Student Learning & Development
In my Student Development Theory course, I had the opportunity to interview a junior at the University of Arkansas at Little Rock. Throughout the semester, we discussed how his life fit into the various categories we were discussing in class. The 3 main categories were Chickering’s Theory, the Cross’s Black Identity model, and how Belenky, Clinchy, Goldberger, and Tarule categorized women in five perspectives on how they viewed the world in Evans’ Student Development in College (2010).
Chickering’s Theory of identity development consists of seven vectors: Developing Competence, Managing Emotions, Moving through Autonomy toward Interdependence, Developing Mature Interpersonal Relationships, Establishing Identity, Developing Purpose, and Developing Integrity. I especially enjoy Chickering’s Theory because it covers a wide spectrum of an individual. It recognizes every milestone in a growing adult life.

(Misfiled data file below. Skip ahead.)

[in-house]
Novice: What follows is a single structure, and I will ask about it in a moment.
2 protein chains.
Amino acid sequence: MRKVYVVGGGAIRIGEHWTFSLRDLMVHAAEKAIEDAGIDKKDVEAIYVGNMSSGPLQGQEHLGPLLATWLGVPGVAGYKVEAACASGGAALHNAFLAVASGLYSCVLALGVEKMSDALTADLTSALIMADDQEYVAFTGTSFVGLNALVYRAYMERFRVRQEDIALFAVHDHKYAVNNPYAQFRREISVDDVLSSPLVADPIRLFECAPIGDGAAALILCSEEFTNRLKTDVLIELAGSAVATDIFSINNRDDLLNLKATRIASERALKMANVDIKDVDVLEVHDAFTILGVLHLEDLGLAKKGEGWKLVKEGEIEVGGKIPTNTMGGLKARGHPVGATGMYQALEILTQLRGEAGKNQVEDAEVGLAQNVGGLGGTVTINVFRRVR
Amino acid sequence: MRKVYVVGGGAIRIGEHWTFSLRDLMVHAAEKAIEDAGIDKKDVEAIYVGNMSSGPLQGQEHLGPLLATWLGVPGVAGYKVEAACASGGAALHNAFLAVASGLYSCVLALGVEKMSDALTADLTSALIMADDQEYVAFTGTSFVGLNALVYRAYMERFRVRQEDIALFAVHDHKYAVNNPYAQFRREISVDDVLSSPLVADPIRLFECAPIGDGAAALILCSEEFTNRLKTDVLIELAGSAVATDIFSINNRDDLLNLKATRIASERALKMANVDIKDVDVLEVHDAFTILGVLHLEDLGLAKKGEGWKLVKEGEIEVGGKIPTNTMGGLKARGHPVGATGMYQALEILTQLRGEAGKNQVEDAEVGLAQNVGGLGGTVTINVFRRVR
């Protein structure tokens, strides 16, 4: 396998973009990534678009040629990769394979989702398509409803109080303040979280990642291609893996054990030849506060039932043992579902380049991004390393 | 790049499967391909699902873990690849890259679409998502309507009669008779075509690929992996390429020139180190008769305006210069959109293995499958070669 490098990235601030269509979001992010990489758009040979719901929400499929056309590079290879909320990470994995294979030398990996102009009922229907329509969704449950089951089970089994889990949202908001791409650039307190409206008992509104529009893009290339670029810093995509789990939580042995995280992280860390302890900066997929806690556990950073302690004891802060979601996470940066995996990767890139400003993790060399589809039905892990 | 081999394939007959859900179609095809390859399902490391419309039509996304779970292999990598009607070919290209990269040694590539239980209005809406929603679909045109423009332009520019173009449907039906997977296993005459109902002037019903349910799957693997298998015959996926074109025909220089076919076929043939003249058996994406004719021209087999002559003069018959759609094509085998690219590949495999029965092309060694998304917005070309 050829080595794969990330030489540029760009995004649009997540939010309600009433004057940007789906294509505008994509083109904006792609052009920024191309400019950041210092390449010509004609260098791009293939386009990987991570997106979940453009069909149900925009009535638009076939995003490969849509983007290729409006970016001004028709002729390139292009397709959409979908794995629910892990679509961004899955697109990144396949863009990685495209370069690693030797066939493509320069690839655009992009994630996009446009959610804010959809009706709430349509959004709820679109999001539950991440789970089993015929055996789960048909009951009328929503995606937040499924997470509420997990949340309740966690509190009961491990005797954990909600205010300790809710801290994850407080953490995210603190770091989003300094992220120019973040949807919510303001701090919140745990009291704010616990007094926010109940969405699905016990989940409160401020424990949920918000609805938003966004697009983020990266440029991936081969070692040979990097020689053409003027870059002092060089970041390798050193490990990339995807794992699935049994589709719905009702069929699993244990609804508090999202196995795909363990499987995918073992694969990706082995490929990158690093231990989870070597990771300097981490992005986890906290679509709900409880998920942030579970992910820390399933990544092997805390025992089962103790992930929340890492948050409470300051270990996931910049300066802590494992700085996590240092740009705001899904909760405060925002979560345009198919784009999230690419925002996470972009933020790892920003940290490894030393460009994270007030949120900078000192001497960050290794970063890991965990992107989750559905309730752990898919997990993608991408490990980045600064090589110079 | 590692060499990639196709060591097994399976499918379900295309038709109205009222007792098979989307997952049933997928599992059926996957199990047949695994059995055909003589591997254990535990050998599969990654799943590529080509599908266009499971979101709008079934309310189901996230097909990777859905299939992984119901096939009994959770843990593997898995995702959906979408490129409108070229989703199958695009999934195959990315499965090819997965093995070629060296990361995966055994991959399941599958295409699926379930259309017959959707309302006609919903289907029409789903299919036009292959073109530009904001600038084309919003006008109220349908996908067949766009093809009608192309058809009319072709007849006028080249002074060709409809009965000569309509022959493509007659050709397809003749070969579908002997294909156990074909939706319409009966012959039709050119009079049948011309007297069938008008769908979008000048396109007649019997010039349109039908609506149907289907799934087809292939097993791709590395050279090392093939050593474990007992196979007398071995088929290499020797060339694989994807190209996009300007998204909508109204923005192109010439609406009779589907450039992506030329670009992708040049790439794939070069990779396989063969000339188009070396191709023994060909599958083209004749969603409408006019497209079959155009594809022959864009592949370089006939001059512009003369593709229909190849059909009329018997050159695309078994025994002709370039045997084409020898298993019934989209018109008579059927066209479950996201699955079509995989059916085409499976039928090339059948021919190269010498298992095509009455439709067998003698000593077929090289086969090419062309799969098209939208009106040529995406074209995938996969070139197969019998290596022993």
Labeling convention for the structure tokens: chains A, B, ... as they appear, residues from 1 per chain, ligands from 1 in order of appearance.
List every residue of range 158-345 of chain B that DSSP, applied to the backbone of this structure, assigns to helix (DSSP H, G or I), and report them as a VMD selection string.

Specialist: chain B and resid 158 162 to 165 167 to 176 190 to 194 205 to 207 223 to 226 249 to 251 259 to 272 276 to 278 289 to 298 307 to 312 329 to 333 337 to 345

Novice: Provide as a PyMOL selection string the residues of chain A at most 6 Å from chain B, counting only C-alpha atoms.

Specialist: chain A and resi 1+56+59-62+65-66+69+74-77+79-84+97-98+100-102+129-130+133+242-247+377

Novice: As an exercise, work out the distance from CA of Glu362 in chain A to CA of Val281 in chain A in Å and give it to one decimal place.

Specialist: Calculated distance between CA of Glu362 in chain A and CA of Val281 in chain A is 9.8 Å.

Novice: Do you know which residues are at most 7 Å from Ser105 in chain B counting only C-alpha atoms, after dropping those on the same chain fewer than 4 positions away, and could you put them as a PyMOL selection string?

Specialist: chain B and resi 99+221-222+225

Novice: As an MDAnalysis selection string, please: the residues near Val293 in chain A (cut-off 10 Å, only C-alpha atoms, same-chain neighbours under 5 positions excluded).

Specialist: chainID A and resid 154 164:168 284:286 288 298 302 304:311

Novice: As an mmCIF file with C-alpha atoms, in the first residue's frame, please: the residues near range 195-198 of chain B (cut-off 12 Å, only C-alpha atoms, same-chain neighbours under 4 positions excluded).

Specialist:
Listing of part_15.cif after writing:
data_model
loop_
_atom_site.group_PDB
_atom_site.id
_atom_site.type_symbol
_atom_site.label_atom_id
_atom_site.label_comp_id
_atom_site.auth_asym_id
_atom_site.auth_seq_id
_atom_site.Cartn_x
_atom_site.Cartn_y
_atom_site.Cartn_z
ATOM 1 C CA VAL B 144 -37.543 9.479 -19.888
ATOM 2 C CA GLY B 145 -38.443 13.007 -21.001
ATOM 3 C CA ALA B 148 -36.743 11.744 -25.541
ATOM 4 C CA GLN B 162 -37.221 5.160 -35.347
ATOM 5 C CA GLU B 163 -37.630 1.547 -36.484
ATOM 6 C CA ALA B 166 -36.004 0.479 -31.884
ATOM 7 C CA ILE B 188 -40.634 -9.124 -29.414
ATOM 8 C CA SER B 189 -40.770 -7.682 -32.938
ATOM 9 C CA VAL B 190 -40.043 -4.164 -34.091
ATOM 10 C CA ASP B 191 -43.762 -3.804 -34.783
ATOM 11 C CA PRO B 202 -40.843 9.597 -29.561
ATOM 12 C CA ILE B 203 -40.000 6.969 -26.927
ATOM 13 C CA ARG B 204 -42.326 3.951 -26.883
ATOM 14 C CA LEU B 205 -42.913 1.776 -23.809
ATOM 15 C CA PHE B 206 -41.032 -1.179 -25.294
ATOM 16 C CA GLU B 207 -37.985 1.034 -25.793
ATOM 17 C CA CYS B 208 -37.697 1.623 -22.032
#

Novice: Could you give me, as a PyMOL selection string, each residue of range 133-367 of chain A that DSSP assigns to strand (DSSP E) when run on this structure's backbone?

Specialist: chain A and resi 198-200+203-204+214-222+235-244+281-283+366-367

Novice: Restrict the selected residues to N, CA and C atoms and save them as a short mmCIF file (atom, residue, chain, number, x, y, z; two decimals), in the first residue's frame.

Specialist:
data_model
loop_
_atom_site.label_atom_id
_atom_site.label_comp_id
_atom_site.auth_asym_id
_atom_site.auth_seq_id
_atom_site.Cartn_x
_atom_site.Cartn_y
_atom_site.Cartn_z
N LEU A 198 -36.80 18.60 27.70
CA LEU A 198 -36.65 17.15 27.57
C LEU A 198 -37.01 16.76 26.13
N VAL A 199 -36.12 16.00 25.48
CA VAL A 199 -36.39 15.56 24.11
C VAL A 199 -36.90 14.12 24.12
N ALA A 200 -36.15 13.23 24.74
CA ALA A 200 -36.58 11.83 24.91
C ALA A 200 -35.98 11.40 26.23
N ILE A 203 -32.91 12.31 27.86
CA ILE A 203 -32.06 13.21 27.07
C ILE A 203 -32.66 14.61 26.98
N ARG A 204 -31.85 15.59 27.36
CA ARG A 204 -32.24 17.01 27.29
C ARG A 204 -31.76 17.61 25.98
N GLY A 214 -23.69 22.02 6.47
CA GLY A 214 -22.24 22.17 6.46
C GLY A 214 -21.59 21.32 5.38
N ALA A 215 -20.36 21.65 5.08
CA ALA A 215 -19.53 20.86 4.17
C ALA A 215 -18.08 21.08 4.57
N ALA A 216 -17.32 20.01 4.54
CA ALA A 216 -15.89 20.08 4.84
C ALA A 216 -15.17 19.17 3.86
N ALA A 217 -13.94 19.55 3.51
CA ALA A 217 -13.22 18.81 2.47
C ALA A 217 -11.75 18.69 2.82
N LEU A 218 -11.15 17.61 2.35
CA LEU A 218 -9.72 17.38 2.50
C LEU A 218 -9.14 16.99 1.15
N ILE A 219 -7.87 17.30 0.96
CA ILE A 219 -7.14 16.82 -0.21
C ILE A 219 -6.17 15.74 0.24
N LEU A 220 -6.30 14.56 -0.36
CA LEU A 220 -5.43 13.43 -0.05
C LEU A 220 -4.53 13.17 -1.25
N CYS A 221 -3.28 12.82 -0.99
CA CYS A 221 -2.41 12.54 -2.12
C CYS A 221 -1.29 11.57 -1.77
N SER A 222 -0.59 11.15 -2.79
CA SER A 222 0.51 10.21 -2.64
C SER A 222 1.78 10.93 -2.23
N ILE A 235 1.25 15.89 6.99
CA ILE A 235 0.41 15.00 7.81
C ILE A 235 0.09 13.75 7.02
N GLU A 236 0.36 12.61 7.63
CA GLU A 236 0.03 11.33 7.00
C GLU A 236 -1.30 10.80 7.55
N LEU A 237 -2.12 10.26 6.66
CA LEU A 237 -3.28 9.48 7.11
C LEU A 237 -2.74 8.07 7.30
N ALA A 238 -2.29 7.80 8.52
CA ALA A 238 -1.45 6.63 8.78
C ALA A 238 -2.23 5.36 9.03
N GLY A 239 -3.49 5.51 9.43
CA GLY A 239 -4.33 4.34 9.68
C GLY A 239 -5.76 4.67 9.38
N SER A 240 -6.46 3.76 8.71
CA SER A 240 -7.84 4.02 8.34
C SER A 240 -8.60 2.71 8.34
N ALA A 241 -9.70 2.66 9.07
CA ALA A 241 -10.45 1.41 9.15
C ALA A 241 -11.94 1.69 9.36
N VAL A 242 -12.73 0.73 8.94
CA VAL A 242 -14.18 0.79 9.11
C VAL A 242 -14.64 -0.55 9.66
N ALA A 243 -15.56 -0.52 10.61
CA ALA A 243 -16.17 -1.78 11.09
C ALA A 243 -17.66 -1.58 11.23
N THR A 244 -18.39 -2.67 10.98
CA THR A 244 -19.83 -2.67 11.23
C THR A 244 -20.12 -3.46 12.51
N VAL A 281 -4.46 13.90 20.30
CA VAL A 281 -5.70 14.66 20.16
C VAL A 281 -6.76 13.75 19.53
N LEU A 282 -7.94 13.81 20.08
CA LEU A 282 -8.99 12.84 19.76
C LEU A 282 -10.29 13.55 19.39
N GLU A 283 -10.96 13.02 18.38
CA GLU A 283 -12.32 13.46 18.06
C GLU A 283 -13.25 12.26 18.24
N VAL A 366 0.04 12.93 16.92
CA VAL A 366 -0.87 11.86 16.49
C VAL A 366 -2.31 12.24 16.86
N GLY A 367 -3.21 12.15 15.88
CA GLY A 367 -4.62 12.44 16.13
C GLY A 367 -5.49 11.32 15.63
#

Cross’s Black Identity model consist of 5 stages: Pre-encounter, encounter, immersion-emersion, internalization, and internalization-commitment.
The five epistemological perspectives (Belenky, Clinchy, Godlberger, and Tarule) are silence, received knowledge, subjective knowledge, procedural knowledge, and constructed knowledge. Backgrounds and upbringing can play a major part in a woman’s perspective on the world. I thoroughly enjoyed this semester long project and it aligns perfectly with the Student Learning and Development Competency because it illustrates an actual individual and how he matriculated through the various stages of life.